Tag Archives: submission

Everybody Has A Story

Recently, I’ve read several articles about personal essay writing.  They’ve ranged from writing tips to how to get your personal essay published.  Now I don’t know if any of my readers are this way, but when I repeatedly run into the same theme across several different mediums over at least a few days I will usually succumb to the inspiration.  In this case, I did, and I am inviting you to share in the inspiration with me.

My theory is that a personal essay is the best practice you can do as a writer.  While it is important to exercise your imagination by coming up with new stories, that creative measure can be distracting.  If your intent is to practice your wordsmithing, what better place to begin than in your memory.  We know our own stories, certainly better than someone else’s and even better than those we could make up since we haven’t actually made them up yet. It seems to me an ideal way to play with narrative – description, dialog, and character – since you know the whole story so intimately.

So, I challenge you to pick an event – big or small – from your life and write it.  The only recommendation I would put forth is to make sure the event you choose is one that was transforming in some way.  Like any good story, your main character should be dynamic, and, in this case, that main character is you.  Feel free to come back and share your experience in the comments.  Let us know if you seek publication!

Enjoy!

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A Writer’s Journey: Submissions – Part 3

A lack of work, and the daunting task of forcing yourself to write new pieces, or to edit old pieces, for submission can be a terrible deterrent to even trying.  In truth, it has been the main thing that has stopped me from trying to submit over the past couple of years, and even the last few months.  But there are several ways to combat this.

1. Write everyday!  No matter what you’re writing, even if it’s just complaining about not having anything to say, spend three pages (or 750 words or so) bitching about it.  Whatever is going on in your head, your life, at work, around the country, around the world; spend a few minutes putting it down on paper.  If you make this effort everyday, you will be shocked what can eventually come out.  Whether it’s a humorous memory of something that happened in your childhood, or a poignant observation relating to your industry or current events, something is bound to pop out.  Perhaps you will notice a trend in what you’re writing and realize you have a series of little essays that could turn into something.  That’s how I got started with this blog.  So make the effort to sit, and let it all out – dump the contents of your brain for 20 to 30 minutes, and see what happens.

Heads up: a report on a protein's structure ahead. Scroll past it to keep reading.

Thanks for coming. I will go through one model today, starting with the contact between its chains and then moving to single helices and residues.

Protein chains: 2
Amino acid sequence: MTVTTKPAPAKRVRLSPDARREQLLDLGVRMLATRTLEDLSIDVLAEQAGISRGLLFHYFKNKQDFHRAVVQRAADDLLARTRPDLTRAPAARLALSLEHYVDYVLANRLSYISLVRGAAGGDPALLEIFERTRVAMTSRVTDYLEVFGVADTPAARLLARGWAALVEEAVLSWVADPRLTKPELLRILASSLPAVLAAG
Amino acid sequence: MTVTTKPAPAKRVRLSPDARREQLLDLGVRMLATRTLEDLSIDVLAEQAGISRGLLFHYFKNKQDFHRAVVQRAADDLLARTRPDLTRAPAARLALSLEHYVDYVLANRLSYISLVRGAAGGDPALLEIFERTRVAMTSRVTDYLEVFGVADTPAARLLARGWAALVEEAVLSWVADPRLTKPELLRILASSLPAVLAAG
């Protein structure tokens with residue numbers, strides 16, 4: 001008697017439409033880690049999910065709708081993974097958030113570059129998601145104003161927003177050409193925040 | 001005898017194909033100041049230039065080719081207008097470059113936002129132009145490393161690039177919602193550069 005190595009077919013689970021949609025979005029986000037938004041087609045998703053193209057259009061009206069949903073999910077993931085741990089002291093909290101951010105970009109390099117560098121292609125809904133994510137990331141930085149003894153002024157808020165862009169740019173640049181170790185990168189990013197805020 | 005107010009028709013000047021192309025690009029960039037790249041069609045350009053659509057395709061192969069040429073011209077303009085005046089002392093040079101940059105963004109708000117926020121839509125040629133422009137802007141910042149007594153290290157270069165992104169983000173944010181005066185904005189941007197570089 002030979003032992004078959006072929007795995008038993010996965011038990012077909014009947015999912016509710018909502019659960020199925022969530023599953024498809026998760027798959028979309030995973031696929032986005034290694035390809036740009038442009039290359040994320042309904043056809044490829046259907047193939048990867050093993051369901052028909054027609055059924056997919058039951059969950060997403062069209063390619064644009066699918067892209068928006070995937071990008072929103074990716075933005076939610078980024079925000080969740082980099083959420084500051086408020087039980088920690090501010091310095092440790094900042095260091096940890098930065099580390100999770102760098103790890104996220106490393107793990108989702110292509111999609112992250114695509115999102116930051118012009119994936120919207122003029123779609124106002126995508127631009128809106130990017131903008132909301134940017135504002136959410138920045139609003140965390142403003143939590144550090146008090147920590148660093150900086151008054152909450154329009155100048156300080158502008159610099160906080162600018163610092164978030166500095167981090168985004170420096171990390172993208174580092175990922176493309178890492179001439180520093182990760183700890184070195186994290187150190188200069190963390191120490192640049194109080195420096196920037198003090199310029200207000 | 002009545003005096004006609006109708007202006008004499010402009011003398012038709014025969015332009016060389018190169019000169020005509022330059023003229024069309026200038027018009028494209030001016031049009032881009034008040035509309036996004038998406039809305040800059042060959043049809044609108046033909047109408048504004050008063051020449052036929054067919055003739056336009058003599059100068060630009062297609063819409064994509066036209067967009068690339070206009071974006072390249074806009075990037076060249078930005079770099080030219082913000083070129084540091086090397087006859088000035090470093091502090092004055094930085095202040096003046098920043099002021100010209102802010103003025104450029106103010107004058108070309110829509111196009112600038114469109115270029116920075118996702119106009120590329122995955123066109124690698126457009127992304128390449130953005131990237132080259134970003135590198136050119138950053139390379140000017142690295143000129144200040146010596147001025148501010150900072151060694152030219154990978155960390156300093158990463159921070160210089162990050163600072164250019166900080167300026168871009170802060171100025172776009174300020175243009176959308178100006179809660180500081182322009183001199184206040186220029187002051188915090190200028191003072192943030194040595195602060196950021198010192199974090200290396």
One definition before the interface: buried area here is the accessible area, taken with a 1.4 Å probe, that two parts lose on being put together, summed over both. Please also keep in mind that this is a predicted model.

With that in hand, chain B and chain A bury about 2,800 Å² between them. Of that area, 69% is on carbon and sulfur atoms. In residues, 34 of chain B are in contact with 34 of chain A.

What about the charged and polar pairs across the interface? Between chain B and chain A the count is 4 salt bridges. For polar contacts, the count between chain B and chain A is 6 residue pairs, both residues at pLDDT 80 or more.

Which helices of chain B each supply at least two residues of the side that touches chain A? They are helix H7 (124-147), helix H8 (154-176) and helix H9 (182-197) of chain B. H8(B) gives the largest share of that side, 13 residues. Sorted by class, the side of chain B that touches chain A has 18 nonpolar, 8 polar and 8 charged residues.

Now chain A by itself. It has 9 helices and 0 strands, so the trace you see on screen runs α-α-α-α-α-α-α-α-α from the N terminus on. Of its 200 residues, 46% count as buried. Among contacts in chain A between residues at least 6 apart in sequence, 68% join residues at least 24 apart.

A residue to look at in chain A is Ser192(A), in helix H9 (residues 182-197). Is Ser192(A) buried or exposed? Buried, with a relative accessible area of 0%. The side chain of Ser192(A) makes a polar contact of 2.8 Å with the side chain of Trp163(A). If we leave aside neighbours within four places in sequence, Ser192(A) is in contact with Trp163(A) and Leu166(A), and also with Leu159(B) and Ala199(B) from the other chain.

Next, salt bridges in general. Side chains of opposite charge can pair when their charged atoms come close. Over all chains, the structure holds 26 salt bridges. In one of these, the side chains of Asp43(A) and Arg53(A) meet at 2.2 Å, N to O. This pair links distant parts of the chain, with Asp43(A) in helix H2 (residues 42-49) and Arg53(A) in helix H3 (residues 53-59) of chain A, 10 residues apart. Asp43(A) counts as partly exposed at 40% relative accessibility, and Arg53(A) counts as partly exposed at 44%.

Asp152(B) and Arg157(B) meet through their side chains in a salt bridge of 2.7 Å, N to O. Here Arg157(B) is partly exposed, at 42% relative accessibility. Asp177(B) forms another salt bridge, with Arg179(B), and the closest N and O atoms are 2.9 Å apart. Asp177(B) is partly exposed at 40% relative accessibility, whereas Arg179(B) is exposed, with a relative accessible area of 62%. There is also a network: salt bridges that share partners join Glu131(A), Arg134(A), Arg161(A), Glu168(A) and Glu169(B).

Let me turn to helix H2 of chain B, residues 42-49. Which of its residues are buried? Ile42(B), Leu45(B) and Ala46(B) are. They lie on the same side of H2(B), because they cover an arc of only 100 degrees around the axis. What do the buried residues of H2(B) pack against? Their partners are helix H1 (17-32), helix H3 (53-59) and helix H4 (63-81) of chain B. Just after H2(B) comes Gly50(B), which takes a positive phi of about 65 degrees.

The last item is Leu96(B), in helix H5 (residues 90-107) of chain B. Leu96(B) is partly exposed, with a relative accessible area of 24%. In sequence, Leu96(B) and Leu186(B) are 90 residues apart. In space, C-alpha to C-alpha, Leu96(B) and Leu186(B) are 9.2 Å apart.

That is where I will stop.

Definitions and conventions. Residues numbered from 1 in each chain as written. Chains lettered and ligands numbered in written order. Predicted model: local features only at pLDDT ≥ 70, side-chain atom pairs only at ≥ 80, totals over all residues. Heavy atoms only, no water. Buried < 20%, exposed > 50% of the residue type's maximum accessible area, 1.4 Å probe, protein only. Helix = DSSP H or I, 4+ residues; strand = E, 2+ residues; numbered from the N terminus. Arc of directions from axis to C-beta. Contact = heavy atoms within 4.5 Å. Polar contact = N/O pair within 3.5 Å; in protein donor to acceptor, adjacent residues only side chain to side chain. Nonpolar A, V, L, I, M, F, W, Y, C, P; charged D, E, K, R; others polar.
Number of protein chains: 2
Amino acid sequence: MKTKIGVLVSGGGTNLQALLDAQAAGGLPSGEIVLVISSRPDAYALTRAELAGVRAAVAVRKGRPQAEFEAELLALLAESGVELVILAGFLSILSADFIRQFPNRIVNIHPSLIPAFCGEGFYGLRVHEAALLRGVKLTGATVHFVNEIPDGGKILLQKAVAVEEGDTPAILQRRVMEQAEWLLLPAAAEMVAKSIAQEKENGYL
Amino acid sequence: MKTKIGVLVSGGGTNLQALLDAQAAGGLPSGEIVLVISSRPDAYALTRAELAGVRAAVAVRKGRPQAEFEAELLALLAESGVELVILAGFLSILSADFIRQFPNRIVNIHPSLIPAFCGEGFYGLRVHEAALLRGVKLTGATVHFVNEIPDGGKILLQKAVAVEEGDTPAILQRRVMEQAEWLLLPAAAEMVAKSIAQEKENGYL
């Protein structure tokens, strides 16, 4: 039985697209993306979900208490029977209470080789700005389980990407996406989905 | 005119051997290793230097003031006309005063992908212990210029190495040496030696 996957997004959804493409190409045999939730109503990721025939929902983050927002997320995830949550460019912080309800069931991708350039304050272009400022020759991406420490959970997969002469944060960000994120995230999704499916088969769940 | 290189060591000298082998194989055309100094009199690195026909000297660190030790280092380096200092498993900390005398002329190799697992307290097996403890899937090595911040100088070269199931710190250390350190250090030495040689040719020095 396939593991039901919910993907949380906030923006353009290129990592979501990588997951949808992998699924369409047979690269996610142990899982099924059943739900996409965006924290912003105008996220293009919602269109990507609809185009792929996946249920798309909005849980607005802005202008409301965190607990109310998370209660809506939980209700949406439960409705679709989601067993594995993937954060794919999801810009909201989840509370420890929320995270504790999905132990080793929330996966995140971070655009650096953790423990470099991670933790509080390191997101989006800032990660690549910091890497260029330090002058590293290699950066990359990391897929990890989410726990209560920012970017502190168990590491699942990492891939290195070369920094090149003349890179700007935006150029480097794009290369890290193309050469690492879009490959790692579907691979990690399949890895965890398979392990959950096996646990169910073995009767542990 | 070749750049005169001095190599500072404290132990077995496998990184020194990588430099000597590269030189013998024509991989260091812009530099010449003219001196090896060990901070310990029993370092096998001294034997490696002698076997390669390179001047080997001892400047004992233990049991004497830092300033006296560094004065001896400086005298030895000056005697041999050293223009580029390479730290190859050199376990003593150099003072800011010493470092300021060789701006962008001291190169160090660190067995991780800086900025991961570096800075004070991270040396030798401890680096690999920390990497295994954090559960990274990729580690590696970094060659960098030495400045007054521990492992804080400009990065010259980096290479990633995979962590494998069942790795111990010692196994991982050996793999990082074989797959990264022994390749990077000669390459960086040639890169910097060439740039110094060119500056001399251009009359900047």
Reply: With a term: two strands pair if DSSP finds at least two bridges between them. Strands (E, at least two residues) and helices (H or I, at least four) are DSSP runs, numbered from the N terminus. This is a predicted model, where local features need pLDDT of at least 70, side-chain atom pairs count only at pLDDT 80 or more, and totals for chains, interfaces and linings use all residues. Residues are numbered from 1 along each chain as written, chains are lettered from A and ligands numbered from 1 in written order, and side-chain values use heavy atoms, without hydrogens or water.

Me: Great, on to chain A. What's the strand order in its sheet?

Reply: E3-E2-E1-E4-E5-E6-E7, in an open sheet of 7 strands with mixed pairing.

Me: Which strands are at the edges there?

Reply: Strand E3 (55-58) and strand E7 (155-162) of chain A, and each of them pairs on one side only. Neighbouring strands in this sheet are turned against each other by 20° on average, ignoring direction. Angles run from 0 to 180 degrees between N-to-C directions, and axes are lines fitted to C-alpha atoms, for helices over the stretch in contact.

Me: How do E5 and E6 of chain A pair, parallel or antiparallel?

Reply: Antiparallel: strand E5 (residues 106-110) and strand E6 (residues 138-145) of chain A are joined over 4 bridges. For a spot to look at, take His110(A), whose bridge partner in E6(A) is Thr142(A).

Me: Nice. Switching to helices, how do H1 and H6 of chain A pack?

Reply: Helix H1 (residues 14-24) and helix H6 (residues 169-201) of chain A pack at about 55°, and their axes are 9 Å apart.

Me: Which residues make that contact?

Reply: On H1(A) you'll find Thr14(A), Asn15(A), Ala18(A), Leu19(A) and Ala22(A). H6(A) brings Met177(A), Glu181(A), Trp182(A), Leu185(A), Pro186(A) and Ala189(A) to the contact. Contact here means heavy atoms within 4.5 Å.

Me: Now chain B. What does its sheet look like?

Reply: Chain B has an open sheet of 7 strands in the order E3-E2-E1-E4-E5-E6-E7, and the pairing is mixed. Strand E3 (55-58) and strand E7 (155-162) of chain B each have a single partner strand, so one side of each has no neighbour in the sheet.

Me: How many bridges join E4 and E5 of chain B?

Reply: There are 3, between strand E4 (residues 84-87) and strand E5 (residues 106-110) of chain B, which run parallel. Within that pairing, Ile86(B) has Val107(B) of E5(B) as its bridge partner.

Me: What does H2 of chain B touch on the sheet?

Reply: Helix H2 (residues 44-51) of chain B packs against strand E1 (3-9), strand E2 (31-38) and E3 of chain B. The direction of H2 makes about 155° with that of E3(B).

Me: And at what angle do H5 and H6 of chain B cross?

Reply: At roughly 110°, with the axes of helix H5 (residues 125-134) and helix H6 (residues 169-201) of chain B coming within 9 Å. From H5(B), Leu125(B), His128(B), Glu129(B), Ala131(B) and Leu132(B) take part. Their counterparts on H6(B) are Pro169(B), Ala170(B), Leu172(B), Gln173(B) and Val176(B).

2. Go back to old work with fresh eyes, no matter how old it is!  That poem you wrote in college for the creative writing class you took as a fun but throw-away elective might turn out to have some weight to it, especially after so many years.  Now you are older, wiser, more experienced, improved as a writer, and distanced from the critical young adult that wrote that piece.  You don’t have to worry about how bad the kid that wrote it thought it was.  You, as his/her adult counterpart, may see something that s/he didn’t know was there.  A few small changes, and that poem could turn into something worthy of publication, if it isn’t already.

3. Look for prompts, and read, read, read!  Read the newspaper, visit the library, pick up trade magazines that are meaningful to you, go to book clubs, book fairs, author events, movies, concerts, anything!  There are so many topics out there to write about, and so many publications and websites devoted to each one. We tend not to think of our everyday experiences as something that warrants documentation, but you never know what might come of arguing with the campaign ad for your district’s incumbent representative, or experimenting with a new recipe or workout.  Writing prompts are everywhere. They can be found at your child’s PTA meeting, the jazz club you were dragged to on Friday night, or the display of NY Times best sellers at your local bookstore.  If something riles you, write it down.  Don’t ignore it!

 

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A Writer’s Journey: Submissions – Part 2

So there you are, sitting in front of your computer (because whether you write by hand, or typewriter, or computer, you should at least have everything backed up) looking through the files of all the work you have. It’s probably a lot, right? A bunch of poems out of that blank book you always have in the bag you carry everywhere. Unfinished works that you just can’t seem to pick back up, no matter how hard you try, and are considering starting over entirely. Stories that you’ve spent so much time with, writing, editing, revising, rewriting, reading, and rewriting again, that you almost hate them now. Maybe, you’re like me, and have kept all the college work you did including English papers, research abstracts, and essays based on other thinkers’ ideas. If you are like me, then you probably have upwards of 100 to 200 works all set up for submission.